Seeing big cats on safari is the dream! After all, who wouldn’t want to sit beside a lion, watch a leopard hunt, or stand in awe of a cheetah’s run? But did you know that there are more cats in Botswana than you might think?
As the next submission in our Brave Africa blog series Animals of Botswana, we’re tackling all of Botswana’s cats—big and small. Get to know all the different types of cats you could enjoy and why we love them. You could see many of these on your next game drive with us!
Lions are the kings of the African bush. As an apex predator, they roam the open savannahs and grasslands of Botswana, looking for prey. They are the second-largest cat in the world, known for their strength, ferocity, and laziness. J Unfortunately, they are also becoming rarer and rarer in the wild. There are only about 20,000 African lions left, and they are listed as “Vulnerable” on the endangered species list. In Botswana, these cats are fairly prevalent with the second-largest population in all of Africa.
How to recognize lions:
Lions are easy to identify because they are massive, weighing up to 180kg (400 lbs)! Here are a few more characteristics:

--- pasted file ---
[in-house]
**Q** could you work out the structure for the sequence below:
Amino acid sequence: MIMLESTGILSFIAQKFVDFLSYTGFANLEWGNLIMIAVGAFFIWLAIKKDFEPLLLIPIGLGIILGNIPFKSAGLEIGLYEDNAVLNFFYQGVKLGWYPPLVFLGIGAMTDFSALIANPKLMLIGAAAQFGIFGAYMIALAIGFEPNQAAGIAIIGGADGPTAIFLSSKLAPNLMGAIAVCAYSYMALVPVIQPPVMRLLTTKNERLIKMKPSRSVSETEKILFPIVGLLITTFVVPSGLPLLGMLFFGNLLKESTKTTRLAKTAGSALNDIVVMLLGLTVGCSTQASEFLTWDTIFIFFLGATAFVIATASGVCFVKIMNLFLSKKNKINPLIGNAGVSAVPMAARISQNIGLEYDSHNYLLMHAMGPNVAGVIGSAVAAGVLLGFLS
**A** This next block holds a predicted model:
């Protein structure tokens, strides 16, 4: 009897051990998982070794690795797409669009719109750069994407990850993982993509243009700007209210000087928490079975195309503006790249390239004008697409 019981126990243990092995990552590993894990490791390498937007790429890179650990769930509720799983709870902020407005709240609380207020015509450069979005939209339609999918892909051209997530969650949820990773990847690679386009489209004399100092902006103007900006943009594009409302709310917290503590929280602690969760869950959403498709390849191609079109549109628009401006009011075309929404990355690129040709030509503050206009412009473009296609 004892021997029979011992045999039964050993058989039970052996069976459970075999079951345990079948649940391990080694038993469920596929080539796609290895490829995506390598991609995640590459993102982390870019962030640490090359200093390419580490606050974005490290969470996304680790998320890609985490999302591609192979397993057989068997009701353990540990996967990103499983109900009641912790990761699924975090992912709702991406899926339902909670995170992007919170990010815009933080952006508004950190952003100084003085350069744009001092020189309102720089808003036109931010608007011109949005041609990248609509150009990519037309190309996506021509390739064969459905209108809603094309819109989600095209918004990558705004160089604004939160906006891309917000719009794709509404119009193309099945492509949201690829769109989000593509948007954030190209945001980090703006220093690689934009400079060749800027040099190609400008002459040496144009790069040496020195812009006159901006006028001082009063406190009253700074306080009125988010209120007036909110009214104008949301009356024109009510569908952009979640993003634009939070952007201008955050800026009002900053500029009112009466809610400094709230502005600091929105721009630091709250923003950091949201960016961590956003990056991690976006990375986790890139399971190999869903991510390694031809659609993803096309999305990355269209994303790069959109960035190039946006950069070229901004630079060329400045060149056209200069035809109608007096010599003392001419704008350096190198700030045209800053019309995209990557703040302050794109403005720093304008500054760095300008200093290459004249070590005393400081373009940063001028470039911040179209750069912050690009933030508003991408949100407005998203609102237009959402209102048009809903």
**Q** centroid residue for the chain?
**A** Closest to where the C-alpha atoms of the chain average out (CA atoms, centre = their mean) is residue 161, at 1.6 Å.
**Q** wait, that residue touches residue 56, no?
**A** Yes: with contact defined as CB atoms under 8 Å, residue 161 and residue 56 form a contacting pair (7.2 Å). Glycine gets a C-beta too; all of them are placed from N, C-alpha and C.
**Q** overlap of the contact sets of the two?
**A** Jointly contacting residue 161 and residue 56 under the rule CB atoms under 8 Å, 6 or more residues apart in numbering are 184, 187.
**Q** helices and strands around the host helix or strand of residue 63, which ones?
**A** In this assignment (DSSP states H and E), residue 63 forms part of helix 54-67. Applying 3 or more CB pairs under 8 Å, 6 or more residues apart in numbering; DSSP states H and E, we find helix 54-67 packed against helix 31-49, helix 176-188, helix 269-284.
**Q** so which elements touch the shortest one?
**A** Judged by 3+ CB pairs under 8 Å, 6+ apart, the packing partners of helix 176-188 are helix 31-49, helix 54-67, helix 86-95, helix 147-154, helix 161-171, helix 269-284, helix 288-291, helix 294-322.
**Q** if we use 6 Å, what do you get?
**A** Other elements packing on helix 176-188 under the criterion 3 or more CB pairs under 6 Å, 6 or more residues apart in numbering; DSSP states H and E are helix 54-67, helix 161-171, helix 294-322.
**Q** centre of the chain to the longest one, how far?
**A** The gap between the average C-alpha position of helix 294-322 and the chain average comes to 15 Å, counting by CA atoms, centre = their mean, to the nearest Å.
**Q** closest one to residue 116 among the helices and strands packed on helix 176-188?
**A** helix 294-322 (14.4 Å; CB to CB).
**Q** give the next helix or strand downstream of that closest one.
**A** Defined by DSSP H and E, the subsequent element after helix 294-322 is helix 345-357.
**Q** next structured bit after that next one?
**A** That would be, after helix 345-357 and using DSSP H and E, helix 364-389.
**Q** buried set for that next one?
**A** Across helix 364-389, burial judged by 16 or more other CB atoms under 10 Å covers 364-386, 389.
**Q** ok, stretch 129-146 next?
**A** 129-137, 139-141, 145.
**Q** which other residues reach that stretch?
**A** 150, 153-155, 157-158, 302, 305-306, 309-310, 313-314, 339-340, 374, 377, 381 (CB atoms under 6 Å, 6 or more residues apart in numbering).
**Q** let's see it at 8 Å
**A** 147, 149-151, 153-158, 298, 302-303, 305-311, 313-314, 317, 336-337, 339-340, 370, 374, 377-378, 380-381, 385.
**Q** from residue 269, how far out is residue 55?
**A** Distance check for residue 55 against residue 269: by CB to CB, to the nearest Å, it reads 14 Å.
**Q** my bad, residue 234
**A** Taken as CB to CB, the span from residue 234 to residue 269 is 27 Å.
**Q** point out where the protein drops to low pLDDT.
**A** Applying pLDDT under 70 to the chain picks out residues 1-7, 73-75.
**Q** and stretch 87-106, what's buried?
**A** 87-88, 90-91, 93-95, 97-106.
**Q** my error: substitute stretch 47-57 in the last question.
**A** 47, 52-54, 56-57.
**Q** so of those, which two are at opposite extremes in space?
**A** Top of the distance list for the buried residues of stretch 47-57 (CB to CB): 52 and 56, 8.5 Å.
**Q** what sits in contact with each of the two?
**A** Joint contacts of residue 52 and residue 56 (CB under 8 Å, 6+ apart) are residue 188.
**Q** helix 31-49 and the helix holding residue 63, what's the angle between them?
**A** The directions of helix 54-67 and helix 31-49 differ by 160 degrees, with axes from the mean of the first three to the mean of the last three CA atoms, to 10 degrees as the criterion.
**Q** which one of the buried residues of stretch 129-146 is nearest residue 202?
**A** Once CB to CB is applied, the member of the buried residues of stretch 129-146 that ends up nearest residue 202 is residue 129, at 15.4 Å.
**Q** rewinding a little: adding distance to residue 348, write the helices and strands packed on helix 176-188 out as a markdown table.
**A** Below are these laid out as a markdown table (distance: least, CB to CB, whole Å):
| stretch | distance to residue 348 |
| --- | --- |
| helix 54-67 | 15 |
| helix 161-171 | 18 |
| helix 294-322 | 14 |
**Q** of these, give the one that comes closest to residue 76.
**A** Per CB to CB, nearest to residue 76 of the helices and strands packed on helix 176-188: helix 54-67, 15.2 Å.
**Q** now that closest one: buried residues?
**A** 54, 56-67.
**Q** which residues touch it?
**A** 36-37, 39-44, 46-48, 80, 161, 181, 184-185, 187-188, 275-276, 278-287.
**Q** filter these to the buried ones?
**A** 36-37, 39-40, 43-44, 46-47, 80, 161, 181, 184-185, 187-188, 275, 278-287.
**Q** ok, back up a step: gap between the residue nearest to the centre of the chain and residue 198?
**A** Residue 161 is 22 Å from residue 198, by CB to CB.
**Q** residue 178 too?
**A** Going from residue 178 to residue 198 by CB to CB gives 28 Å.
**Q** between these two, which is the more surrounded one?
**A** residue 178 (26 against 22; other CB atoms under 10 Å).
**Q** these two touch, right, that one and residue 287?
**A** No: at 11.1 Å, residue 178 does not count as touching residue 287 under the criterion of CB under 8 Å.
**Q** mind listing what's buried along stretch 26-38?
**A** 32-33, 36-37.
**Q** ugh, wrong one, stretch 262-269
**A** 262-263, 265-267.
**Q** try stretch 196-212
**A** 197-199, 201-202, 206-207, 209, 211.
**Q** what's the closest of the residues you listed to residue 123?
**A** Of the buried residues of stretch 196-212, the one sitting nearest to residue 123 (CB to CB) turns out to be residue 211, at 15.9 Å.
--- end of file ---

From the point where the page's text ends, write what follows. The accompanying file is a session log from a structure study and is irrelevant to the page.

- Lions have yellow-gold fur that’s generally short. Adult males typically boast a mane of long, brownish hair encircling their heads.
- Lions roar to declare territory, ward of rivals, call for backup, and communicate with their pride. Their roar can be heard up to 8km away.
- Lions are well-muscled cats with long bodies, large heads, and short legs.
Where can you find lions?
Lions can be found all across Botswana’s wilderness from the arid desert of the Kalahari to the swamplands of Moremi and the grasslands of Savuti. You’ll find lions both as solitary individuals as well as in prides of up to 40 lions. While lions can live and hunt in almost any habitat, they prefer grasslands, shrubs, and open woodlands.
Leopards are some of the most elusive cats in all of Africa. They are nocturnal predators known for their exceptional night vision and climbing abilities. They are graceful hunters that are also incredibly adaptable. They aren’t just found in Africa. You can find leopards all over the world in a diverse array of climates, from jungles to forests and deserts across India, China, Central Asia, and Africa.
How to recognize leopards:
Arguably, leopards are one of the most beautiful cats in Botswana and all of Africa, but they are very secretive. That’s why it’s essential to know how to recognize them.